Bangladesh also does not regulate workers’ conditions. Few if any are given any kind of protective gear and are in direct contact with the chemicals on a daily basis. Most tanneries do not even have ventilation or indoor lighting. Child labor is also commonplace and unregulated.

Garment Industry Poses Serious Threat to Waterways

A recent article by Heather Pringle and Amorina Kingdon in Hakai Magazine2 highlights how the fashion industry is impacting waterways around the globe. Commenting on the leather industry, Pringle and Kingdon write:

“To transform perishable animal skin into durable leather, factory workers soaked animal hides in a series of toxic baths containing nearly 40 different acids and several heavy metals including chromium, a known carcinogen. The hides absorbed just 20 percent of these chemical brews: the rest was waste.

In all, Dhaka’s tanneries discharged nearly 22,000 cubic liters of toxic effluent daily into the Buriganga River, which ultimately flows into the Bay of Bengal …  

Faced with an environmental disaster along the floodplain of the Buriganga River, the Bangladeshi government forced Dhaka’s leather factories to move to a new industrial park in 2017, and it has promised to install an effluent treatment plant there. But the opening of the plant was delayed, and in February, residents raised fears that the transplanted tanneries were contaminating a second river, the Dhaleshwari.”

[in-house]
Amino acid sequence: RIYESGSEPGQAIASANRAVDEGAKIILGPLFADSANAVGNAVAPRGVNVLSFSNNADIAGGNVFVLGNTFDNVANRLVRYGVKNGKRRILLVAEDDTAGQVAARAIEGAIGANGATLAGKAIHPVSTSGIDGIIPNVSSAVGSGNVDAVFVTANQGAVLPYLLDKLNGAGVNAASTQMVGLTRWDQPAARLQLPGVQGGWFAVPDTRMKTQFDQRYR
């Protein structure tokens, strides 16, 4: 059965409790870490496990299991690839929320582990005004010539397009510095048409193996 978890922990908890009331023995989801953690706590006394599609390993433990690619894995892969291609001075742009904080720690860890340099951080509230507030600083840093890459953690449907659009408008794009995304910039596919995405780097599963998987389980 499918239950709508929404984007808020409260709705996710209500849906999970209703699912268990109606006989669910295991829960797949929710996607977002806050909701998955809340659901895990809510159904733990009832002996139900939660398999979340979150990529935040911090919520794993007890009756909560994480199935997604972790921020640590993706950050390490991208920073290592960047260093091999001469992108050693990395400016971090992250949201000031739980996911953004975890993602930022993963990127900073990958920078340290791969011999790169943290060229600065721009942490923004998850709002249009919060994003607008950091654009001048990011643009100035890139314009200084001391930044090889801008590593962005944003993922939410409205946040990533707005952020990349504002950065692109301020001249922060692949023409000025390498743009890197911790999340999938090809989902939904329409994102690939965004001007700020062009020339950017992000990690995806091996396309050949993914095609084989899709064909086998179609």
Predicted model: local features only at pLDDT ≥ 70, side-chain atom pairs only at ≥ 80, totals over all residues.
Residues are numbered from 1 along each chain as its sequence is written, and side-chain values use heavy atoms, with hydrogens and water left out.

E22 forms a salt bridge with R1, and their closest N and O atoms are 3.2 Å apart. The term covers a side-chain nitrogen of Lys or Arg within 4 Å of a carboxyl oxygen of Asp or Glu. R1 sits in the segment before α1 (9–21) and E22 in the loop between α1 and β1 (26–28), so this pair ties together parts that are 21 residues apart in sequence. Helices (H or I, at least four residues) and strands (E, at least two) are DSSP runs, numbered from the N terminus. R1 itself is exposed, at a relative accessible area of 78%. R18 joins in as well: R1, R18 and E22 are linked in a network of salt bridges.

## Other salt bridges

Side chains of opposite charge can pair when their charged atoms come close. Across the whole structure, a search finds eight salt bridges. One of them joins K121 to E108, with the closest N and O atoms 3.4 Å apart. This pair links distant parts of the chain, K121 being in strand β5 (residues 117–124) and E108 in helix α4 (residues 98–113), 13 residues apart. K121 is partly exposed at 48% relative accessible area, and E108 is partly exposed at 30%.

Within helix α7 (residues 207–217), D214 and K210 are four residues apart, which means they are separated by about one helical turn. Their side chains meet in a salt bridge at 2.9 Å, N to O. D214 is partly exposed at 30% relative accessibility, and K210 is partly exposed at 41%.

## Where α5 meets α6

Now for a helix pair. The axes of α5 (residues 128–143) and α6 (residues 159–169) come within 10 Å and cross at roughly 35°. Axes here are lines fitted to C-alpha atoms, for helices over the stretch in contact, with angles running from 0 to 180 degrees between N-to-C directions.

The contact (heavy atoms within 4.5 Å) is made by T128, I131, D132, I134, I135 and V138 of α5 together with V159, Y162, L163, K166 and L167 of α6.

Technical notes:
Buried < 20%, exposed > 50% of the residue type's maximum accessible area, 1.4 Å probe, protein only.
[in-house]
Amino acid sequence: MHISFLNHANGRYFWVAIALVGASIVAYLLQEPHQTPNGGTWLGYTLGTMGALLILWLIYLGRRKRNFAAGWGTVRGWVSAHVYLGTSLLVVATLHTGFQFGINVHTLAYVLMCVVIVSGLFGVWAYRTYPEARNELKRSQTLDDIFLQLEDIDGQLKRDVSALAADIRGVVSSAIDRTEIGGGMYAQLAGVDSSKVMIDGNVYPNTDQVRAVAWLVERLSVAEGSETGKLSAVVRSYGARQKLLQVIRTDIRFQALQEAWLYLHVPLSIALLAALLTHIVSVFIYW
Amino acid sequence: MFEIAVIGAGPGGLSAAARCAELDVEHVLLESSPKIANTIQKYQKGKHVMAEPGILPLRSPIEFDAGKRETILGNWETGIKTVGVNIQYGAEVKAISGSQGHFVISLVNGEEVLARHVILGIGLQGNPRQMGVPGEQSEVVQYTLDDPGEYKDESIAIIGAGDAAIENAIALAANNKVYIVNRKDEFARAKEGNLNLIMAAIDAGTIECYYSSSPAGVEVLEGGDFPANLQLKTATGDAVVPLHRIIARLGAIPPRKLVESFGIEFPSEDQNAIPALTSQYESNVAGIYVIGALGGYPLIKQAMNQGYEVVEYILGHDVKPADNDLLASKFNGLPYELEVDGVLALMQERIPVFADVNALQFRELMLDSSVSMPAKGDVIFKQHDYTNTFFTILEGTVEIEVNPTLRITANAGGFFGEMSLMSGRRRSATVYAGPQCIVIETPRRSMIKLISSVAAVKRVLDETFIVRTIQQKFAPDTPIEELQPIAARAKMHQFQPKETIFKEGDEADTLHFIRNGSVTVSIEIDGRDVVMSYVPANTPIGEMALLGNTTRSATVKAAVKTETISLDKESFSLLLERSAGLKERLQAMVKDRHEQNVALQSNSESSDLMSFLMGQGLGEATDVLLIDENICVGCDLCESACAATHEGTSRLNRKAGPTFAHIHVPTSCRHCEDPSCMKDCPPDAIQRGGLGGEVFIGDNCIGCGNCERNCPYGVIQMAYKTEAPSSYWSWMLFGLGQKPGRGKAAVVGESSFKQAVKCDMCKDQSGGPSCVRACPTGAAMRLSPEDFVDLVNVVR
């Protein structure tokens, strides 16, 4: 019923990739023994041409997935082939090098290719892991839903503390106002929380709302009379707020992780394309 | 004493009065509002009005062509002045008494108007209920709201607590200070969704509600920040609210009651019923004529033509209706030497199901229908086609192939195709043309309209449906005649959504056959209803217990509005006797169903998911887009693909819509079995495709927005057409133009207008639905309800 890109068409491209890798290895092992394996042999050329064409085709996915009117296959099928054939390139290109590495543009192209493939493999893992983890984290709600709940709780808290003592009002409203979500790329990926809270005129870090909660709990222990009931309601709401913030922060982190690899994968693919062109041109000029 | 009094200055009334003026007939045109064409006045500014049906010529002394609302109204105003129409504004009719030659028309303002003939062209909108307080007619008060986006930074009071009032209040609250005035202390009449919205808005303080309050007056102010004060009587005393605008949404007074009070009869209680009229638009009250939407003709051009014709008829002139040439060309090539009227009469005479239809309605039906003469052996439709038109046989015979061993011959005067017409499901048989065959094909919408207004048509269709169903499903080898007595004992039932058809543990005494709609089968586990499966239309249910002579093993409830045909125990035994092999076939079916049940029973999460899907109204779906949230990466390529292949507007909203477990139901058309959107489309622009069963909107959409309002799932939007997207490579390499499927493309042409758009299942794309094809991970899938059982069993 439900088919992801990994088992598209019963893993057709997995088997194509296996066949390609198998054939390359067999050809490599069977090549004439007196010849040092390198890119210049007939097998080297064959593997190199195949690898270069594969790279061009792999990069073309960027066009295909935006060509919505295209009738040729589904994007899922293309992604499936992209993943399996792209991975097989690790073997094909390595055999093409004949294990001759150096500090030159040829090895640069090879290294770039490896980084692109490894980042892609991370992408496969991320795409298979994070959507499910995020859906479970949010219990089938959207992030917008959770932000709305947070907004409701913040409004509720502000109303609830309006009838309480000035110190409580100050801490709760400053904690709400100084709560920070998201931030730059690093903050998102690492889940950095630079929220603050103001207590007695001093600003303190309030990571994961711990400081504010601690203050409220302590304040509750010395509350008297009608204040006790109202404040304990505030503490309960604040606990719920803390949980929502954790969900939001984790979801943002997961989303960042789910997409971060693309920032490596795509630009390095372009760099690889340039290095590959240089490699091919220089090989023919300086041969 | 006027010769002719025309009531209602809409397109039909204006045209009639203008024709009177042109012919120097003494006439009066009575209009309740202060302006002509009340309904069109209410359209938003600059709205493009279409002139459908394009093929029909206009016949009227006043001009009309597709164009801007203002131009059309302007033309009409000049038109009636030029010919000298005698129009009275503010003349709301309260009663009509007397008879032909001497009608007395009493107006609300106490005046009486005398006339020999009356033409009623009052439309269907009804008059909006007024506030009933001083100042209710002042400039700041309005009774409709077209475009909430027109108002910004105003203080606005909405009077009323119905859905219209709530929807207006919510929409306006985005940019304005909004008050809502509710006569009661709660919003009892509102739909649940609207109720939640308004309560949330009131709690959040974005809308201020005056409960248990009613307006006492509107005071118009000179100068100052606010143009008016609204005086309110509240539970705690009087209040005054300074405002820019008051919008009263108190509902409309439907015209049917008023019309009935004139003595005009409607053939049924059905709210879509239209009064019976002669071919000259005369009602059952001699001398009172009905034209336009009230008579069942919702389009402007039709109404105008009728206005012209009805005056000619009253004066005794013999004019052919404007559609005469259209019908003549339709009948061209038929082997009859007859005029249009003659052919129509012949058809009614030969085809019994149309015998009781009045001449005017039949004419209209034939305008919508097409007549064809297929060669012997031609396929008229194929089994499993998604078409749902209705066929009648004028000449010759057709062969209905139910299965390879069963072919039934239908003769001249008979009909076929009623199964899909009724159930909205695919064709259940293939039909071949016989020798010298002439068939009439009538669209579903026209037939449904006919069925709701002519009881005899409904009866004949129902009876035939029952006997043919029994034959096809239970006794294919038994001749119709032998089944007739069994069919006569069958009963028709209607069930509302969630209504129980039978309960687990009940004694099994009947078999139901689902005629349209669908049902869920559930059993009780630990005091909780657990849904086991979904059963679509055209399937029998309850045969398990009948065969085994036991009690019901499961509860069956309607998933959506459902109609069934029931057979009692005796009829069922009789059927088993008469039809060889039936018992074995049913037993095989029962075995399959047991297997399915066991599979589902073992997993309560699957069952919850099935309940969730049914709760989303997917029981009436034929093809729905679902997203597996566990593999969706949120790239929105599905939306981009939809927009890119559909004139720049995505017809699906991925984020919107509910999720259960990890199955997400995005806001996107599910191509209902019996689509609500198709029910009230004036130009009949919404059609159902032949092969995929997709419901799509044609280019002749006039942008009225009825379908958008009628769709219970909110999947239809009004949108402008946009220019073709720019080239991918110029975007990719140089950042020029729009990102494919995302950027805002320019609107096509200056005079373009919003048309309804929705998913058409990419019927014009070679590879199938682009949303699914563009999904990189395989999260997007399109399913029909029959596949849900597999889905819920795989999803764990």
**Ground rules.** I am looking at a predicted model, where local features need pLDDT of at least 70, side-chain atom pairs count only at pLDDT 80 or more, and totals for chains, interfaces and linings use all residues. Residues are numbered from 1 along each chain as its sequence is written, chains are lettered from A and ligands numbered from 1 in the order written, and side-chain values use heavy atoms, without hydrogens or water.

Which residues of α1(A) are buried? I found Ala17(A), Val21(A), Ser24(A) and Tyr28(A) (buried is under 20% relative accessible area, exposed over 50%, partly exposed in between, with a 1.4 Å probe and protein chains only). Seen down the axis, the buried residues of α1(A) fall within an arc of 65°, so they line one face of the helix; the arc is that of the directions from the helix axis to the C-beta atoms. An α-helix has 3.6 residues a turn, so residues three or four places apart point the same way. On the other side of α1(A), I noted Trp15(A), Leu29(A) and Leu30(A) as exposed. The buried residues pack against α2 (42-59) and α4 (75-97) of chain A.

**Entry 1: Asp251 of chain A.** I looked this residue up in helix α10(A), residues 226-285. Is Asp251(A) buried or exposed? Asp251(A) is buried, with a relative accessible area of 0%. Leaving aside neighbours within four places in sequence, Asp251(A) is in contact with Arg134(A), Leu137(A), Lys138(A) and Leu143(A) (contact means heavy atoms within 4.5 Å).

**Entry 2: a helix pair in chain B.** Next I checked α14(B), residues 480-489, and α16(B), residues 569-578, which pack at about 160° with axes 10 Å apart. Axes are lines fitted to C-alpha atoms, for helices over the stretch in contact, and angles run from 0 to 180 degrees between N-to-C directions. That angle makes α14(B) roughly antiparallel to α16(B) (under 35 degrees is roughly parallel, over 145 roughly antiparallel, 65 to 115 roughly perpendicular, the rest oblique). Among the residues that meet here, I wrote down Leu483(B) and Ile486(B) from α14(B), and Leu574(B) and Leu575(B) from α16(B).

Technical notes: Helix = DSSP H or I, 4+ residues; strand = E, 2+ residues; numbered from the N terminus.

Toxic runoff from cotton growers also poses a serious threat to water quality. In Pakistan, the fourth-largest cotton producer in the world, the cotton industry has polluted much of the groundwater, rendering it unsafe to drink. Cotton also gobbles up 20 trillion liters (5.28 trillion gallons) of the Indus River’s precious water each year.

As a result of widespread water mismanagement, the Indus River now faces the same fate as the Aral Sea, situated between Kazakhstan and Uzbekistan, which has been nearly drained for irrigation, obliterating the once-thriving fishing economy in the area. Aral Sea fishermen of old used to catch 40 tons of fish per year. Today, the area is littered with fishing vessels lying on dry land, and what used to be a thriving seaport is now nearly 50 miles (80 kilometers) from the water’s edge.

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How Natural Textile Dyes May Protect Health and Promote Environmental Sustainability

Author: Dr. Joseph Mercola | Published: October 1, 2017

Most people never give a thought to how a piece of clothing was given its color. Unfortunately, if you don’t, you could unknowingly expose yourself to hazardous chemicals on a daily basis. Fabric dyes are also a significant environmental concern, contributing to pollution — oftentimes in poorer countries with lax regulations on toxic chemicals to begin with.

Rebecca Burgess, author of “Harvesting Color: How to Find Plants and Make Natural Dyes,” has 15 years’ worth of experience in this area and is the executive director of Fibershed — a word she coined — which is a resource for creating safe, organic textile dyes.